March 14, 2011
Letter from Ecuador
B3 volunteers in Tingo. Photo: Robert Gradoville. By the end of February, 34 high school volunteers from the service group Builders Beyond Borders (B3) had completed one of four distribution loops for Tingo´s nascent water system. Over the course of six days, the students dug nearly 2,000 feet of ditches, then assembled and laid the […]
B3 volunteers in Tingo. Photo: Robert Gradoville.
By the end of February, 34 high school volunteers from the service group Builders Beyond Borders (B3) had completed one of four distribution loops for Tingo´s nascent water system. Over the course of six days, the students dug nearly 2,000 feet of ditches, then assembled and laid the high-pressure PVC piping that will eventually carry water to 30 houses scattered along the hillside. Designed by engineering students from the University of Pittsburgh—whose visit coincided with B3’s in order to direct the first stages of work–the distribution loops run from a concrete storage tank (yet to be built) at the highest point, a hill behind the community center, beside the village president’s house. The tank will be fed by an intake and pump house, 1,000 vertical feet below. An underground pipeline, dug out of sandy mountain soil, will connect the three structures.
Each spring, the students from B3 travel somewhere in Central or South America, where they work on projects that will benefit that year´s host community. Two weeks ago, the first of two groups arrived in Guangaje to help with the early stages of the Tingo water project. The distribution loop that we’re currently working on will connect the holding tank to 28 community tap stands. Normally, it would be built last, after completing the intake and pump and uphill pipeline. In the improvised, on-the-fly nature that seems to characterize the entire project to date, however, we‘ve tackled the distribution lines first, largely due to complications with design and funding.
The four distribution loops are connected to the central tank, gravity fed, and filled with water at all times. Using a loop system rather than an axial one means that instead of supplying houses through a single line (which, if it fails near the top would cut off all water to the down-pipe), we’re essentially feeding each house via a large circle.This, in turn, means that a break in the pipe along one half of the loop won´t cripple the system; the water can still reverse course and reach the same point from the opposite route. Valves along the pipeline will clean out the system, shut off segments in case of damage, and reduce pressure.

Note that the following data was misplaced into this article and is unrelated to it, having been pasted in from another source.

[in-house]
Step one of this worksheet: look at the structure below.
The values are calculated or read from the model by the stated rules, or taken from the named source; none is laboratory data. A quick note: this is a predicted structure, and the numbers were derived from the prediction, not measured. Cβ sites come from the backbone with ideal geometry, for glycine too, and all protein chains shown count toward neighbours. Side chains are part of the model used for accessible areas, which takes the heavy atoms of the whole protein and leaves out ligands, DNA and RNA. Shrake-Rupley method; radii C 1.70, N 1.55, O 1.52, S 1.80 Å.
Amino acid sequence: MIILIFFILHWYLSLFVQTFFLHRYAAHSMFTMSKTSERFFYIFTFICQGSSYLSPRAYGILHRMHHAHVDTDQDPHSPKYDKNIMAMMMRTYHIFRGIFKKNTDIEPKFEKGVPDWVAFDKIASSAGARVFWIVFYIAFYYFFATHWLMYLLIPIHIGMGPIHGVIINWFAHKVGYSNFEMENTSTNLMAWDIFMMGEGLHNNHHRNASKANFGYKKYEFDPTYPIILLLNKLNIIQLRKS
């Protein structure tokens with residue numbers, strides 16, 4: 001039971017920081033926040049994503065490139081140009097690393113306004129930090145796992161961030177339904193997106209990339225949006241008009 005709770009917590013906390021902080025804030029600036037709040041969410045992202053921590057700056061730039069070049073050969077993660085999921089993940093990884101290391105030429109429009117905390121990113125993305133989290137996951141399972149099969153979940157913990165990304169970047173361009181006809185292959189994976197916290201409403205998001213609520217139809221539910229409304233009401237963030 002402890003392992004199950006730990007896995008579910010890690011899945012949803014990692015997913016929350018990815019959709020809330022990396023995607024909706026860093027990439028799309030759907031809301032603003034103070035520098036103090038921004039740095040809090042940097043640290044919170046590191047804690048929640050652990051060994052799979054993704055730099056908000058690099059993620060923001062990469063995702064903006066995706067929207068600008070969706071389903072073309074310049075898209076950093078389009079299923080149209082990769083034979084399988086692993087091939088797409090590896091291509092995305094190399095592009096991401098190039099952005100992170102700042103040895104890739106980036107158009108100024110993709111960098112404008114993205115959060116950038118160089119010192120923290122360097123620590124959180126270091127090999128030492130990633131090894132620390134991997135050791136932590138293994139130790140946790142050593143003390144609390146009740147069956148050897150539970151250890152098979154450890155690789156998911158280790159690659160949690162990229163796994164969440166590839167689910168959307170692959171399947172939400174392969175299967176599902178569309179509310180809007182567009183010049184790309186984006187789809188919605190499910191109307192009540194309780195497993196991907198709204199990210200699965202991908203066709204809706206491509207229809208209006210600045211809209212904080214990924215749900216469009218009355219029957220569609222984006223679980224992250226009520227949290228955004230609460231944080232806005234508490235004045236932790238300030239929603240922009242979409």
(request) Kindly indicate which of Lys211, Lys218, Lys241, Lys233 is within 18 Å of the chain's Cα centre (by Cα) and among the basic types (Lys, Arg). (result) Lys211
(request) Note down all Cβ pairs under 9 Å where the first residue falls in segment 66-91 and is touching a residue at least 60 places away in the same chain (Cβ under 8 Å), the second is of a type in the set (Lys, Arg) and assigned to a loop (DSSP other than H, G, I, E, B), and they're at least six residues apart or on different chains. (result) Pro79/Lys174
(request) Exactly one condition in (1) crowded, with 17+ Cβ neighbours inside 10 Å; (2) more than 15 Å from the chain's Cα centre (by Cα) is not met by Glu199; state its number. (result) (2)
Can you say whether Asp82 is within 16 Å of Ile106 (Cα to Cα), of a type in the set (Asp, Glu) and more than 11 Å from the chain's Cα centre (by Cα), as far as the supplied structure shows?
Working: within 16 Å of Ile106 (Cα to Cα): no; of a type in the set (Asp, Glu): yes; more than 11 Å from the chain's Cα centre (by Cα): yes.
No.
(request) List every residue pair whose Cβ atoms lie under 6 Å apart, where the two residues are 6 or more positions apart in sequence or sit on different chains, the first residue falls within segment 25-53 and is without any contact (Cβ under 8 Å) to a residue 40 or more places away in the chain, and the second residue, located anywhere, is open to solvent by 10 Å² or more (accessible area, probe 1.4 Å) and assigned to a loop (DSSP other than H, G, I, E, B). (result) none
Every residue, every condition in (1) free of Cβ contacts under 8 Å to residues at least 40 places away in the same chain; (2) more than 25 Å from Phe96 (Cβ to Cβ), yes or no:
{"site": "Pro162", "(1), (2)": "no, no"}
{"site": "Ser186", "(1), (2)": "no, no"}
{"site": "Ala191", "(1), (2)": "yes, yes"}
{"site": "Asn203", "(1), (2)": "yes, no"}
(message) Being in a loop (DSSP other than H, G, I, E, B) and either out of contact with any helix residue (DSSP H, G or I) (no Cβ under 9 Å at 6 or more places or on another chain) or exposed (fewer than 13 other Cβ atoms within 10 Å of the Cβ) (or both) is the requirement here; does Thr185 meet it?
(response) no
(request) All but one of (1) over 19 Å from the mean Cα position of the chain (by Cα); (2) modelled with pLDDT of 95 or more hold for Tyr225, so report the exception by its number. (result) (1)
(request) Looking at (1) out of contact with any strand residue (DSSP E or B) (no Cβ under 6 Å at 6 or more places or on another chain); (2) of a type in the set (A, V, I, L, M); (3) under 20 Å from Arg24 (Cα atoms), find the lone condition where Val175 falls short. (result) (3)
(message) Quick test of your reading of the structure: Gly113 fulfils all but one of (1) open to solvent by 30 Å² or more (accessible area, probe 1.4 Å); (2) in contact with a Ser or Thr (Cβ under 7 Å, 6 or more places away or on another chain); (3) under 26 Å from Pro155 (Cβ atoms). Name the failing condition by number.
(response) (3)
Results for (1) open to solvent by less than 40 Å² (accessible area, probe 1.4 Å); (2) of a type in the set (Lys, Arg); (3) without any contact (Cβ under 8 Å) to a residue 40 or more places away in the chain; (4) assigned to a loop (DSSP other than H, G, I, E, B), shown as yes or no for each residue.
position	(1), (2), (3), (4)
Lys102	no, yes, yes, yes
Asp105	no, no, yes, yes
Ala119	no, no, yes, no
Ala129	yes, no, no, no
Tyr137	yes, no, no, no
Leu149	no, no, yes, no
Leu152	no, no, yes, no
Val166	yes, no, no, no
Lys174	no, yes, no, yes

Though the UPitt team has supplied detailed plans and lists of materials, much of the construction is necessarily makeshift, improvised to accommodate the materials and equipment we have access to. In the U.S. we’d have building parts designed specifically for each purpose. Here we often have to invent what we need, with a sort of MacGyveresque panache.
Re-filled trenches crisscross the countryside. Photo: George Beane.
For instance, when an overzealous Ecuadorian accidentally severed a buried water pipe with his hoe (a neighboring village’s water system runs through Tingo, making ditch digging even more complicated), Rob Gradoville, a UPitt engineer, former Peace Corps Volunteer, and head of the Engineers Without Borders project team, found himself face down in the ditch, sawing furiously at a 50mm pipe, water spraying wildly. By the time the pipe was plugged in a jury-rigged assembly of pipes, reducers, and unions, the mud had risen to ankle-level. The scene seemed an apt metaphor for the entire messy process of developing and building the system.
On the last day of the B3’s Tingo trip, we erected an outdoor tap stand and filled the mouth of the loop with water (on the spot where the tank will be built someday). The effort was partly symbolic. The idea was to have water flow from the outdoor house spigot, signifying the official start of construction and allowing a nice photo opportunity. But it also served the practical function of making sure there were no leaks or clogs, and that all the pipes had been joined properly. I understood that there was something staged about the event, that the water which we’d introduced to the system did not come from the source and we’d completed only about a tenth of what we’ll have to finish before the system is truly operable. Happy to have completed the first stage of construction I was, nonetheless, prepared to be unimpressed.
Yet there was something poignant about the simple fact that water did come out when a group of B3-ers joined hands and jointly turned the faucet. All this pomp in celebration of a steady trickle of water from a four dollar spigot! Cheering that would probably seem odd in any other context, but in a place that has never had such a luxury, it was hard not to get excited.
After years of community agitating and months of serious planning, we finally broke ground, and a project that has always felt tenuous, both in financing and construction logistics, seems to be finally picking up momentum.
George Beane returned to New York, his home town, after graduating from college in 2008. He worked for Metropolis (writing some memorable blogposts for this site) for a year before leaving, last June, for the Ecuadorian sierra